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Trudeau describes Russian child abductions as part of genocide

Photo: Urs Flueeler Keystone via Associated Press “In the coming months, Canada intends to host a meeting of foreign ministers to advance work on the human cost of this war,” Mr. Trudeau announced during his speech. 

The Canadian Press in Bürgenstock, Switzerland

Posted at 8:19 a.m. Updated at 7:20 p.m.

  • Europe

Canadian Prime Minister Justin Trudeau says Russia must be held accountable for “the element of genocide” it is committing by kidnapping thousands of Ukrainian children from their homes and trying to erase their Ukrainian identity.

He spoke thus during the summit on peace in Ukraine, Sunday morning, which brought together representatives of 90 countries in Switzerland , and which aims to spark discussions on the path towards ending the war between Russia and Ukraine.

A joint declaration signed by the majority of participants called for Ukraine's “territorial integrity” to be the basis of any peace deal, but Mr. Trudeau focused on Ukrainian children kidnapped in the conflict.

“Regardless of what any specific person or country in the world might think about the causes of the war or the responsibility that Russia bears, everyone can agree that taking children away from their families, trying to erase their language, their culture: that is an element of genocide,” Justin Trudeau told reporters Sunday morning.

“That is pure colonialism. Those are things that Russia needs to be held accountable for.”

Trudeau did not use that term when asked about allegations that Israel is committing genocide in Gaza.

The Prime Minister participated in the closing press conference alongside Swiss President Viola Amherd, Ukrainian President Volodymyr Zelensky, European Commission President Ursula von der Leyen, Chilean President Gabriel Boric, and by the President of Ghana, Nana Akufo-Addo.

“In the coming months, Canada intends to host a meeting of foreign ministers to advance work on the human cost of this war”, announced Mr. Trudeau during his speech.

Earlier in the day, at the request of the Ukrainian president, Volodymyr Zelensky, Prime Minister of Canada, co-chaired a session with Norway on the human dimension of war, which affects prisoners of war, civilian detainees and deported children.

In Russia's absence, the event is widely seen as a symbolic effort by kyiv to rally the international community to Ukraine's cause.

Participants faced a delicate balance, with many criticizing Russia for breaking international law while hedging their positions to leave the door open for Moscow to participate in future peace talks that could one day end the conflict.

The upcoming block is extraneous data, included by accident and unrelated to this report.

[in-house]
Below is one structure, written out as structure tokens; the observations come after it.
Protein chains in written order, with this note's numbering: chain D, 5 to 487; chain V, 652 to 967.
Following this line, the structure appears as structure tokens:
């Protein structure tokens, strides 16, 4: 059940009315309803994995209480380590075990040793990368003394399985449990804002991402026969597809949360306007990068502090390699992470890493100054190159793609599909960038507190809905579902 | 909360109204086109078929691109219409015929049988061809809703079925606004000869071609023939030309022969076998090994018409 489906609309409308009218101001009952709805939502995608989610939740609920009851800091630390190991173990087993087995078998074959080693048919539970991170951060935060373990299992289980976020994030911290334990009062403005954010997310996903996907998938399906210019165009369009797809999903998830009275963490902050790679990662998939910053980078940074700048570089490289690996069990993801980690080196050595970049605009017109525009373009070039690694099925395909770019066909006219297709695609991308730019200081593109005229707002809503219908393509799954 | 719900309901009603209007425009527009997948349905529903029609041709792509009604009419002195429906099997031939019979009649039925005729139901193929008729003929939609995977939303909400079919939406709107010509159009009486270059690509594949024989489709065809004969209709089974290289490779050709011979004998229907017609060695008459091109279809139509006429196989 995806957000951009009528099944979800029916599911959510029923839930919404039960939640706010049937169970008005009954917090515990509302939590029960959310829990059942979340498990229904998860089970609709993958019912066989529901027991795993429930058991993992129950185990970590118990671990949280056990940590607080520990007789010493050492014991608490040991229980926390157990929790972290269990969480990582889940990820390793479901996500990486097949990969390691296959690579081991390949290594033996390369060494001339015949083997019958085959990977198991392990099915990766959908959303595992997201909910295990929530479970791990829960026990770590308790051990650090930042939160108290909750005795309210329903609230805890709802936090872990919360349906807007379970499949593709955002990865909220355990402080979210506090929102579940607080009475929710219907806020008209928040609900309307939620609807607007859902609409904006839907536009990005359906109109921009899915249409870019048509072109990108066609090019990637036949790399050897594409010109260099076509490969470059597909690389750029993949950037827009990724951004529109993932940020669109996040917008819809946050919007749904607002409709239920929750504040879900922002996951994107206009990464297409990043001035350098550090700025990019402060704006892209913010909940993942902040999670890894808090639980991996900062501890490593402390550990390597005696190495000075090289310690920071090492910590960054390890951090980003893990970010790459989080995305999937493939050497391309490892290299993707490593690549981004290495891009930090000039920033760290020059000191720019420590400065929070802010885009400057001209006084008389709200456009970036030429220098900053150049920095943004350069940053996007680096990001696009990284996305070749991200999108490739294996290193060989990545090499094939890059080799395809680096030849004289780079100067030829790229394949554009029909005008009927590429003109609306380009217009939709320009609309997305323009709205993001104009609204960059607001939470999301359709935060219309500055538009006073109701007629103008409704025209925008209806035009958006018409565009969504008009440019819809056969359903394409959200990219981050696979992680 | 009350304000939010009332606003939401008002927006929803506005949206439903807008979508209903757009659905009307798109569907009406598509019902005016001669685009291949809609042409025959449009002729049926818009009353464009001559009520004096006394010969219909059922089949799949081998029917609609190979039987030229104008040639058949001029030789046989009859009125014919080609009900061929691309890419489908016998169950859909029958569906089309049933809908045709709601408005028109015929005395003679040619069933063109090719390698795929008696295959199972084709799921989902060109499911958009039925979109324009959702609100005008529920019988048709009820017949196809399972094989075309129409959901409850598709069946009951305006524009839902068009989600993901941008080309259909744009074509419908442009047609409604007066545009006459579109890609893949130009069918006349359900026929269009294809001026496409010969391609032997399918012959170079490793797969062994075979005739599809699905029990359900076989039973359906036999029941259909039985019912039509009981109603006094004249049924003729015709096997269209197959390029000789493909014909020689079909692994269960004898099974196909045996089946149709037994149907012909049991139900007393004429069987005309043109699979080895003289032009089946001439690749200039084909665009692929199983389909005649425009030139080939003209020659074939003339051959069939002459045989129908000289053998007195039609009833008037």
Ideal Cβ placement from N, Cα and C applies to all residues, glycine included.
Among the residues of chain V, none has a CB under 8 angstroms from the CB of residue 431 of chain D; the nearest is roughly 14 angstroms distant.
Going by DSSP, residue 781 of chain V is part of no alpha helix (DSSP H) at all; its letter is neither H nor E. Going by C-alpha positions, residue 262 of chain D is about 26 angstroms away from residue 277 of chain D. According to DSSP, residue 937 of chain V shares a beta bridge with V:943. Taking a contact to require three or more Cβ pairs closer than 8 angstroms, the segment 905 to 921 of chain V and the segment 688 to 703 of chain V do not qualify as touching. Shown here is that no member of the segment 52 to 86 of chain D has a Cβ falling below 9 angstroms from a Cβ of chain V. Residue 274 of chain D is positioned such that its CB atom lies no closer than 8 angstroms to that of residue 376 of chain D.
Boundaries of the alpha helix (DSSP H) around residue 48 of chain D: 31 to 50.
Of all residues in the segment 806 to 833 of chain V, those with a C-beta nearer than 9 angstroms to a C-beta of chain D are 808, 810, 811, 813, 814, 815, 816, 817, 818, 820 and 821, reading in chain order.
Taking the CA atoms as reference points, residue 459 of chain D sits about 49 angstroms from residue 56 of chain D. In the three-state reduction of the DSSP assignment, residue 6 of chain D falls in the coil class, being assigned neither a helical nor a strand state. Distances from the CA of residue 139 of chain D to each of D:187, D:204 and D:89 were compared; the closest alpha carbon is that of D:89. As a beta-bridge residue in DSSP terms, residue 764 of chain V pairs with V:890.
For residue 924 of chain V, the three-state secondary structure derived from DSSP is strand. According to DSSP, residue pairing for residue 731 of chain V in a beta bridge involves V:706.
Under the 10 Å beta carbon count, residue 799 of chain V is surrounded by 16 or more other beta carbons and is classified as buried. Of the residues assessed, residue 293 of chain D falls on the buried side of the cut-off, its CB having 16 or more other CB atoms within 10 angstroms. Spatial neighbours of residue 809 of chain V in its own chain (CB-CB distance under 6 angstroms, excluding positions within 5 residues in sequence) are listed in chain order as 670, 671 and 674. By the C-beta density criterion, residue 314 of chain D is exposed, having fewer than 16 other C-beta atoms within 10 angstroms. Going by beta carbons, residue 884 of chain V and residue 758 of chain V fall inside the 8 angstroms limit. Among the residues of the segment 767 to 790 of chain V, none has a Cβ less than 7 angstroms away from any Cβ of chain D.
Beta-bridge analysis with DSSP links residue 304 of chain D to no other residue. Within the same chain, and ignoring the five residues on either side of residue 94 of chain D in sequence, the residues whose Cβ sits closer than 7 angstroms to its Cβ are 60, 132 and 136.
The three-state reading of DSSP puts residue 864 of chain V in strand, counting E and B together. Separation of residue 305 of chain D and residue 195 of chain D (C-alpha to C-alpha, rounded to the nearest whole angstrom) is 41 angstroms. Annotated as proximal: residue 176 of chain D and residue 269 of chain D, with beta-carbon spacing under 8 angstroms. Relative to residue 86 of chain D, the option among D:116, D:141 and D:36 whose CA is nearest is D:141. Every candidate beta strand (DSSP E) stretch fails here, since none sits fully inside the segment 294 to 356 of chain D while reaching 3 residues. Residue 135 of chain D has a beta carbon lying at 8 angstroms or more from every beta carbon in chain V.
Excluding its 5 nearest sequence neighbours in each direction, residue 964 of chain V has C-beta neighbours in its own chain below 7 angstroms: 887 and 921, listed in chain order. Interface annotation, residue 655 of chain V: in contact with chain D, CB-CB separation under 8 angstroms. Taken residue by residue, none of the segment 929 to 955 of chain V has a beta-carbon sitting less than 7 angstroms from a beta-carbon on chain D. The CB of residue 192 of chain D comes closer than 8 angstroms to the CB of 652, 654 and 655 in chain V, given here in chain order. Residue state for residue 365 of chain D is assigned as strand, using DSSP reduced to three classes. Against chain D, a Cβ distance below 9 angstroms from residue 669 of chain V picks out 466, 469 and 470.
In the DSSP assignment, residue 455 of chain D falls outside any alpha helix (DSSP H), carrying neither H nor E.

Several leaders at the summit also stressed the importance of respecting international law around the world.

Chilean President Gabriel Boric drew parallels between the wars in Ukraine and Gaza during the opening plenary on Saturday.

“We firmly believe that this situation represents a serious violation of international law and human rights, the same principles we must say are being ignored by the Israeli government in Gaza,” he said.

As the International Court of Justice hears South Africa's allegation of genocide against Israel, Prime Minister Trudeau has hesitated to use the term to describe the situation in Gaza.

“We continue to follow the international institutions that we have. We continue to look at the work being done with the ICC [International Criminal Court] and the ICJ [International Court of Justice]. Canada supports international law and always will,” he said.

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The joint communiqué

In their joint communiqué, the 84 summit participants affirm that “the United Nations Charter , which includes the principles of respect for the territorial integrity and sovereignty of all states, can and will serve as the basis for achieving complete, just and lasting peace in Ukraine.”

Several countries present did not sign the communiqué, including India, Saudi Arabia and South Africa.

The document states that any threat of nuclear weapons in the war against Ukraine is “inadmissible.”

The signatories also argued that food security should not be weaponized, that all prisoners of war should be released in a full exchange, and that all deported children should be returned to Ukraine.

They also recognized that “achieving peace requires involvement and dialogue between all parties.”

Canada also announced a package of $52.4 million to help Ukraine. The money will go towards a range of initiatives, including support for abductees as well as survivors of war crimes and sexual violence.

Last February , a UN committee concluded that there was evidence of the forced expulsion of Ukrainian children by Russia.

He cites Ukrainian government figures that some 20,000 children have been moved from their homes. Committee vice-chairman Bragi Gudbrandsson adds that it is difficult to determine exact figures.

He said Russia denied the accusations. The committee also expressed concerns about granting Russian citizenship to these deported Ukrainian children.

Justin Trudeau returned to Ottawa on Sunday afternoon, concluding a five-day international trip that included the G7 leaders' summit in Italy.

Teilor Stone

By Teilor Stone

Teilor Stone has been a reporter on the news desk since 2013. Before that she wrote about young adolescence and family dynamics for Styles and was the legal affairs correspondent for the Metro desk. Before joining Thesaxon , Teilor Stone worked as a staff writer at the Village Voice and a freelancer for Newsday, The Wall Street Journal, GQ and Mirabella. To get in touch, contact me through my teilor@nizhtimes.com 1-800-268-7116